if you just think he should leave, i agree. i told him that he needs to leave before something bad happens, that he is killing me. that i wish i never helped him, those are the nicer things i said. i feel such shame this morning. i apologized, but then , it would just go back to arguing. he is angry that i think he is an alcoholic. i then told him that i dont even know if he is, he said that he was glad to hear that, that it bothers him that i have him pigeon-holed as an alkie /pill popper, etc.

i feel that sometimes he tries to wear me down so that i will give in to some "occasional drinking for relaxation purposes" but I wont and he feels i am trying to control him. well, i am not going to buy it for him, and i wont let him abuse it in my home, should he get this job. i feel he will,and i told him that too.

I wonder if he got angry at me, for not being able to talk about something, or if I was being emotionally battered, due to his frustrations.

sorry if this is more of the same, but if i cant come here, where can I go to talk? I have gone back on my anti depressants, for i am having trouble at work focusing, due to things here at home. i hate coming home, because he is apt to be down, and negative,and make me angry. why cant i let him be angry,and down, without reacting? i told him that i hate to come home, afraid of more negativity, and my reactions to it.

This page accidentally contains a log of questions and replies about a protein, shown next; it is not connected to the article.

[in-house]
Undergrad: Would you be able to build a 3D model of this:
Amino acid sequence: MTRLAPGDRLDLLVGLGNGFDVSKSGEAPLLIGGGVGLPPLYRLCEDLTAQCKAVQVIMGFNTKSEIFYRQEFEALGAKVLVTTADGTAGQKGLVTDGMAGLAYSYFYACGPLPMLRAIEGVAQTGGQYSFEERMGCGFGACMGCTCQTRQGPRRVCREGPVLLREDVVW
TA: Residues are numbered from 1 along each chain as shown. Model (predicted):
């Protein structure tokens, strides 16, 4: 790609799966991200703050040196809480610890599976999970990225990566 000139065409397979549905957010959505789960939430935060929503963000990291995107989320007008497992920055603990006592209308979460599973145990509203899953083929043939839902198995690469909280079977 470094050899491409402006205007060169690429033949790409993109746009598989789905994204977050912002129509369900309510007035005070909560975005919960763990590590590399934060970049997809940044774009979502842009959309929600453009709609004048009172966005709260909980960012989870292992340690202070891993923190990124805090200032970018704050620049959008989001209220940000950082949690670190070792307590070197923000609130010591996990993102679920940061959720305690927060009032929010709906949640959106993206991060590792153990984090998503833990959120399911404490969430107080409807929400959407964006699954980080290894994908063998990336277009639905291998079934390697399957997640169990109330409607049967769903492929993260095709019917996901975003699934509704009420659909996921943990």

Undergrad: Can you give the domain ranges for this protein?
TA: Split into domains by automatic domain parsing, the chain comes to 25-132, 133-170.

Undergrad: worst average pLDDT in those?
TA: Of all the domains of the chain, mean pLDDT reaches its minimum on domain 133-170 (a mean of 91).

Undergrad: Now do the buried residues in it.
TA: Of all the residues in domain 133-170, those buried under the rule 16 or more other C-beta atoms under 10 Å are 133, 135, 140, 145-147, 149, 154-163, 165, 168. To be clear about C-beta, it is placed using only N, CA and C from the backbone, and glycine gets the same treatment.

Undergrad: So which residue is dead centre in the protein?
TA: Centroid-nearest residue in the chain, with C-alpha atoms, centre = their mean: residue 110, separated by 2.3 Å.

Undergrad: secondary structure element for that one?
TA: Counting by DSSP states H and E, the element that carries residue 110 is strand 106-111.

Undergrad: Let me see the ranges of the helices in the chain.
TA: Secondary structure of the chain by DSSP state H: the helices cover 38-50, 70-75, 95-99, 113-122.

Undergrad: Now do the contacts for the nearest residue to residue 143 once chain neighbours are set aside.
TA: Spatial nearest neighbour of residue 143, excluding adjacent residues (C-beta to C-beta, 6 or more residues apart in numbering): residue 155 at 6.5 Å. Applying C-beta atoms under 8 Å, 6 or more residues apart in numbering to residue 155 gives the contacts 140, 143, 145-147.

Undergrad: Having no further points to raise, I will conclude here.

thanks,
chicory
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Old 10-09-2010, 04:13 AM
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hi chicory-

i'm wondering, have you taken any steps for your own recovery? like going to an alanon meeting or getting yourself a therapist?

recovery is like peeling an onion...it isn't done in one day...it is something we commit to in order to get healthy ourselves...

and as we get healthy, we learn how to put into place boundaries with our alcoholics...

things change because WE change...

from reading your post, it appears you are waiting for him to change...

try turning that around and work on your own recovery...

naive
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Old 10-09-2010, 04:37 AM
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things change because WE change...
Naive,
Thank you, for this. That gives me hope, for I think that I can change myself, with therapy or with al-anon.
I need to find a meeting....
I guess I do hope that with kindness and support, he will become healthier, and be encouraged.

thank you, this helps, a lot.
hugs,
chicory
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Old 10-09-2010, 04:41 AM
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chicory,

I make honest effort to not tell people what I think they should do, but I think you really need to go to Al-Anon. I think you are stuck in a seriously toxic, debilitating situation, and until you make true effort to work on yourself, you will stay that way. I am very sorry that you are stuck in this, as my own Mom is stuck in this with my very sick brother.